I reply, the statement applies to all who have not been regenerated by the Spirit of Christ. However praiseworthy, in appearance, the life of some may be, because their lusts do not break out in the sight of men, there is nothing pure or holy which does not proceed from the fountain of all purity.

Fulfilling the desires of the flesh and of the mind. To fulfill these desires, is to live according to the guidance of our natural disposition and of our mind. The flesh means here the disposition, or, what is called, the inclination of the nature; and the next expression (τῶν διανοιῶν) means what proceeds from the mind. Now, the mind includes reason, such as it exists in men by nature; so that lusts do not refer exclusively to the lower appetites, or what is called the sensual part of man, but extend to the whole.

And were by nature 121121     “Φύσις, ‘nature,’ in such an idiom, signifies what is essential as opposed to what is accidental, what is innate in contrast with what is acquired. This is its general sense, whatever its specific application. Thus, Φαρμάκου φύσις is the nature of a drug, its color, growth, and potency. Φύσις τοῦ Αἰγύπτου is the nature of the land of Egypt — a phrase referring to no artificial peculiarity, but to results which follow from its physical conformation.” — Eadie. children of wrath. All men without exception, whether Jews or Gentiles, (Galatians 2:15,16,) are here pronounced to be guilty, until they are redeemed by Christ; so that out of Christ there is no righteousness, no salvation, and, in short, no excellence. Children of wrath are those who are lost, and who deserve eternal death. Wrath means the judgment of God; so that the children of wrath are those who are condemned before God. Such, the apostle tells us, had been the Jews, — such had been all the excellent men that were now in the Church; and they were so by nature, that is, from their very commencement, and from their mother’s womb.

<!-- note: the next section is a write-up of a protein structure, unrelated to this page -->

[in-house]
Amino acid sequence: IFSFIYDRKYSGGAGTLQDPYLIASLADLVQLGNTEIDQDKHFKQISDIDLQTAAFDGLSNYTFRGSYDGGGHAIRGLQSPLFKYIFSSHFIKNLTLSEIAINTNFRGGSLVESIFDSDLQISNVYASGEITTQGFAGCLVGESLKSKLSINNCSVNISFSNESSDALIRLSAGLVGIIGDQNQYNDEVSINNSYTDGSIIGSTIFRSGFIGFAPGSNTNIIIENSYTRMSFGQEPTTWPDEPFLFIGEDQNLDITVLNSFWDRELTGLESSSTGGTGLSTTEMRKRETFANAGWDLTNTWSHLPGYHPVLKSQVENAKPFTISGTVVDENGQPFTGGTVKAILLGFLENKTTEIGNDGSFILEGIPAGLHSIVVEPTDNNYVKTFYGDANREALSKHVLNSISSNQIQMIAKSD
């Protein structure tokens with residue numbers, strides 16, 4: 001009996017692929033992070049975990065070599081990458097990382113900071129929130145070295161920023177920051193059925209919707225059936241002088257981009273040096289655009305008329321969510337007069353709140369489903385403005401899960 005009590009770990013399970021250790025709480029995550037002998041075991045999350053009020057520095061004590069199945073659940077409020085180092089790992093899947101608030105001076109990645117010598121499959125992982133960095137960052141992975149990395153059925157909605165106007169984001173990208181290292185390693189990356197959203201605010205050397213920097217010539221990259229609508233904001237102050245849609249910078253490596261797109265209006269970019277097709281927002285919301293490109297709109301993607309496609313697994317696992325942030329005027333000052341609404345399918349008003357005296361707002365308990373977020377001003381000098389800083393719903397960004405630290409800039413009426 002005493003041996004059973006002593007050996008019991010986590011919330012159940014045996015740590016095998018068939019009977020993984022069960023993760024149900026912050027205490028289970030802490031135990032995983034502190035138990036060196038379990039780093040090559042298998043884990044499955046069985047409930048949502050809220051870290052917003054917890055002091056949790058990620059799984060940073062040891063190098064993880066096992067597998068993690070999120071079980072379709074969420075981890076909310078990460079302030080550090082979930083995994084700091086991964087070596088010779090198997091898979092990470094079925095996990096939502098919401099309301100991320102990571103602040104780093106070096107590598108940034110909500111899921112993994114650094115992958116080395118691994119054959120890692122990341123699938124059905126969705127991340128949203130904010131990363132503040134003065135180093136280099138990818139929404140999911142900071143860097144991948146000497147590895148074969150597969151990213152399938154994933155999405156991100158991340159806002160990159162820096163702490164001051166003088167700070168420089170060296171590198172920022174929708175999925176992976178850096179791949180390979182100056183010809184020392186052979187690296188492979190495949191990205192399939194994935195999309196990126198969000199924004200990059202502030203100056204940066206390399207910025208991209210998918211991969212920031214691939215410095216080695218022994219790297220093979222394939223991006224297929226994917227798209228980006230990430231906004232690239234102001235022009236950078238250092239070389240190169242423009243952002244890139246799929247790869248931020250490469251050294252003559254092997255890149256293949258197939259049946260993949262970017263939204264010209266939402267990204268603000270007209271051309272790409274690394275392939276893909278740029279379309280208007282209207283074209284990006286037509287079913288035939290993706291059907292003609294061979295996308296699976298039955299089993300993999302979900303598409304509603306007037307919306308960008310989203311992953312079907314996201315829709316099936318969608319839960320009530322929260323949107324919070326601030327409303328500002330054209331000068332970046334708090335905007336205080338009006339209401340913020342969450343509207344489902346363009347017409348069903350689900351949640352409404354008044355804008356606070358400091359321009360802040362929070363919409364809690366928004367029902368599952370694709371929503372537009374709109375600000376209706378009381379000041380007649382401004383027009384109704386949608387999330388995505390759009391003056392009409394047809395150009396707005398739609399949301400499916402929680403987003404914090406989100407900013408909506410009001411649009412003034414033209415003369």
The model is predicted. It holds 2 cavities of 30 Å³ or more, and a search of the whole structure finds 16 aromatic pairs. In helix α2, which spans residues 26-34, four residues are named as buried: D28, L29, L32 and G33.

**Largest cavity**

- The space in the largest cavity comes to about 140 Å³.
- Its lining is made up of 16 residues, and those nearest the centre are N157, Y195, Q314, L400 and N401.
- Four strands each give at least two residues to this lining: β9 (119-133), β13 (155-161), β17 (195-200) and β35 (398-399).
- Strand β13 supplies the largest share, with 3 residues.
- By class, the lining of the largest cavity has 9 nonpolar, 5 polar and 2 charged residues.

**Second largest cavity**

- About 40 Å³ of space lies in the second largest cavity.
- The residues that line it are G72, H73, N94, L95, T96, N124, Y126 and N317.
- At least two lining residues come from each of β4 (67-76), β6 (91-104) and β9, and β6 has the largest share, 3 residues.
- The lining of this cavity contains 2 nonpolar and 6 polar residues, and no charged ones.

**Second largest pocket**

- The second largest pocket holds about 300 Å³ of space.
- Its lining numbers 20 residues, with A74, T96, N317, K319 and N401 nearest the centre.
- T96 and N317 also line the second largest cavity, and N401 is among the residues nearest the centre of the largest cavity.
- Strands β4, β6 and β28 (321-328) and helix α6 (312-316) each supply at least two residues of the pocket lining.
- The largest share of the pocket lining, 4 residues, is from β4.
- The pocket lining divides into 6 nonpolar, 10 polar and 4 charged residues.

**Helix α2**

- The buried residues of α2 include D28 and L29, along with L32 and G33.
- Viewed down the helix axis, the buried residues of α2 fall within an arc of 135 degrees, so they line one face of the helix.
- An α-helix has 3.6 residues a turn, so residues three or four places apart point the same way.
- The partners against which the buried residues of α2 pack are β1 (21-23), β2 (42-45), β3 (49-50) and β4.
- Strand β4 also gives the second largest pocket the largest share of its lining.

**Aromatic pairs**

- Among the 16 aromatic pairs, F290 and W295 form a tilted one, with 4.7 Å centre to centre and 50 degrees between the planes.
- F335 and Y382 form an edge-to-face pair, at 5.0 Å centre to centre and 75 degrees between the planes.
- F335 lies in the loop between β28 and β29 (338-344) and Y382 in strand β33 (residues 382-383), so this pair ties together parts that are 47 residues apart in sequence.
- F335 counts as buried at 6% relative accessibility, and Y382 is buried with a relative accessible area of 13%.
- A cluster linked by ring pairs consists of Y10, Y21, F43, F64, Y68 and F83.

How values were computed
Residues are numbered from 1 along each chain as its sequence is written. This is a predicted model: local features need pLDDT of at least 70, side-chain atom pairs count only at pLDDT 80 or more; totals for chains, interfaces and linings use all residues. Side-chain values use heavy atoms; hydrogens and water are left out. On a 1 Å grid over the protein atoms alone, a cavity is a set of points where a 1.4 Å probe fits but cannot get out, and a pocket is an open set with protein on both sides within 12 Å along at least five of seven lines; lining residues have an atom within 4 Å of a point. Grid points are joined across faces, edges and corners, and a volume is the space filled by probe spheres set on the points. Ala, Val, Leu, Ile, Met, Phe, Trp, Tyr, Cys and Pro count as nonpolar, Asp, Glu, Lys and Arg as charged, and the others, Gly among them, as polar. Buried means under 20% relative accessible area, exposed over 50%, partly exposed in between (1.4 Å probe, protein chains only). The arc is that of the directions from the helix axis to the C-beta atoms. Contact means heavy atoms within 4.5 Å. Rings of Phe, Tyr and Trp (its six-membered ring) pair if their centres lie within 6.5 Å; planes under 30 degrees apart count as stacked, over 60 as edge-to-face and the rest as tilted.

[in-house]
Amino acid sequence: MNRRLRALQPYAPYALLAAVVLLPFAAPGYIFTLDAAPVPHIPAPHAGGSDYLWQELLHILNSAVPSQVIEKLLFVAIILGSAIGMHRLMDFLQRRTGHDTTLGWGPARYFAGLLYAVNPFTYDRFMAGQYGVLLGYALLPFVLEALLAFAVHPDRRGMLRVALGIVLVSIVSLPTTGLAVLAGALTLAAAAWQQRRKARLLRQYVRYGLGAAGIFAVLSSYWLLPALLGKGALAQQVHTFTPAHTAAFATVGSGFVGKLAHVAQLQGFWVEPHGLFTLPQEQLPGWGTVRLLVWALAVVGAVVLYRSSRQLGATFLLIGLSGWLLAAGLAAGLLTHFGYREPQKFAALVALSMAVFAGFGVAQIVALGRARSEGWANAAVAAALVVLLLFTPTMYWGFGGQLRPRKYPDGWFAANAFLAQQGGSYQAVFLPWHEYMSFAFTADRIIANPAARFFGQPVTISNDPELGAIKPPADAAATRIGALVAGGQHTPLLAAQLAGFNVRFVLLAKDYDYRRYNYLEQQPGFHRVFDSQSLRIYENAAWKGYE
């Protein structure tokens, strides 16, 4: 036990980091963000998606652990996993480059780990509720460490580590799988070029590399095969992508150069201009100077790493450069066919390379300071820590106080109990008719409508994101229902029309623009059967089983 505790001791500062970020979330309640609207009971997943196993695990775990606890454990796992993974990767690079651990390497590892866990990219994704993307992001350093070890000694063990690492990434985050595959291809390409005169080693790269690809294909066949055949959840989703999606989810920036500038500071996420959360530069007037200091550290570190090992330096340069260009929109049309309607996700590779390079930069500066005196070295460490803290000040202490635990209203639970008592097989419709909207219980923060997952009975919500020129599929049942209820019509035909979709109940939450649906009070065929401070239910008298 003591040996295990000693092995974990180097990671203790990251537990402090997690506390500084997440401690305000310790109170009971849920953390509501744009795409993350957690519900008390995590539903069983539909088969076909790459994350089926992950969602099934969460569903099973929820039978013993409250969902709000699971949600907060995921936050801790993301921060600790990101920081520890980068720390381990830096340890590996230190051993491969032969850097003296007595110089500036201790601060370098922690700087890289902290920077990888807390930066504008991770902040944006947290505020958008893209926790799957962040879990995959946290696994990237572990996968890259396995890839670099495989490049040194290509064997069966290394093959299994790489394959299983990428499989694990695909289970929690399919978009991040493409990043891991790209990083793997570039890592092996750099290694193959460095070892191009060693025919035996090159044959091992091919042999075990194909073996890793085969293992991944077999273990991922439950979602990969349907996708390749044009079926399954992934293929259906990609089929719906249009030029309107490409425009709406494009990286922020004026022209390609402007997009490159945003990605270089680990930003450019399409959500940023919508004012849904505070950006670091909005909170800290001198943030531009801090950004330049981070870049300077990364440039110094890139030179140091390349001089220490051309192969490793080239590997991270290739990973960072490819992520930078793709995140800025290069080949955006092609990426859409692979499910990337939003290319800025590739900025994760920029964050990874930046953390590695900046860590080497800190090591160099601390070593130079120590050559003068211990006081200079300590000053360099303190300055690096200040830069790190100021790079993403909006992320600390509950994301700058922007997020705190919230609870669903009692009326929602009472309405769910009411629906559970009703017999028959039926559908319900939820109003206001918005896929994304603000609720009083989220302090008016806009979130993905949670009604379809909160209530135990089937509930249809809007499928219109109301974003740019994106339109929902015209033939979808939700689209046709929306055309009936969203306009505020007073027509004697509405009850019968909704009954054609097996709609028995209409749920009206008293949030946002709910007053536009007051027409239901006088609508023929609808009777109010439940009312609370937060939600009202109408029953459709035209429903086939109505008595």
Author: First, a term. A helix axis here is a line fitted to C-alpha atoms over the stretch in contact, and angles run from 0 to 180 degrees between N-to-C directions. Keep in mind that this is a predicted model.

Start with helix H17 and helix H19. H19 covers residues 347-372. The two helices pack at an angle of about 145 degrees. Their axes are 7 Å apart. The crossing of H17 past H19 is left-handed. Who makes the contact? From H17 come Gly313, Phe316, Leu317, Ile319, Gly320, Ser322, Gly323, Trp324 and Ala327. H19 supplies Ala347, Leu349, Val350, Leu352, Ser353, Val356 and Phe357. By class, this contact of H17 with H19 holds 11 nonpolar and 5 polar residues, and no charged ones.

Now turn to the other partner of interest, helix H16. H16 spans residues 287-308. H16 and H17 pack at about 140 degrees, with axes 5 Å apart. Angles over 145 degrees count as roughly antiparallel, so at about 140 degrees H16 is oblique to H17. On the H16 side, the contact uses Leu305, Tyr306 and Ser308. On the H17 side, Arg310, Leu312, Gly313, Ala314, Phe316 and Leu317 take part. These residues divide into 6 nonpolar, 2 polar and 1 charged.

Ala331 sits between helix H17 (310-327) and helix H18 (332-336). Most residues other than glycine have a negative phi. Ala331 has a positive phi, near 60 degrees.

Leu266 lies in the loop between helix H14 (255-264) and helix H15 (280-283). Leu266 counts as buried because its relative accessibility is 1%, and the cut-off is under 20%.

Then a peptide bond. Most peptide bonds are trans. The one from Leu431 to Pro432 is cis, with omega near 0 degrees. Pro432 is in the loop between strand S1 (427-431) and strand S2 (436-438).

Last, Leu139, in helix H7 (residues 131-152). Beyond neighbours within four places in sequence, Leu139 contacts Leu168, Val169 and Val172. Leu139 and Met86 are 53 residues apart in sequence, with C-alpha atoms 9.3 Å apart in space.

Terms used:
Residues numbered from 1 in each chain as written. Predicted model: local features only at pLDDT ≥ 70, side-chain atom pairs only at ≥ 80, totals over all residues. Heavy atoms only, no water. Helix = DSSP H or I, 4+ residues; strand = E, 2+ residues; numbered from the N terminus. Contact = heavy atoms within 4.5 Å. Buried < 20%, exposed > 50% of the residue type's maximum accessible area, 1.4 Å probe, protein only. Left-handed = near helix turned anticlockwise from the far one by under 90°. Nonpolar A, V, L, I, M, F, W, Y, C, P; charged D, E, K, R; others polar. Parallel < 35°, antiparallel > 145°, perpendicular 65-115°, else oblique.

This is a remarkable passage, in opposition to the views of the Pelagians, and of all who deny original sin. What dwells naturally in all is certainly original; but Paul declares that we are all naturally liable to condemnation; therefore sin dwells naturally in us, for God does not condemn the innocent. Pelagians were wont to object, that sin spread from Adam to the whole human race, not by descent, but by imitation. But Paul affirms that we are born with sin, as serpents bring their venom from the womb. Others who think that it is not in reality sin, are not less at variance with Paul’s language; for where condemnation is, there must unquestionably be sin. It is not with blameless men, but with sin, that God is offended. Nor is it wonderful that the depravity which we inherit from our parents is reckoned as sin before God; for the seeds of sin, before they have been openly displayed, are perceived and condemned.

But one question here arises. Why does Paul represent the Jews, equally with others, as subject to wrath and curse, while they were the blessed seed? I answer, they have a common nature. Jews differ from Gentiles in nothing but this, that, through the grace of the promise, God delivers them from destruction; but that is a remedy which came after the disease. Another question is, since God is the Author of nature, how comes it that no blame attaches to God, if we are lost by nature? I answer, there is a twofold nature: the one was produced by God, and the other is the corruption of it. This condemnation therefore which Paul mentions does not proceed from God, but from a depraved nature: for we are not born such as Adam was at first created, we are not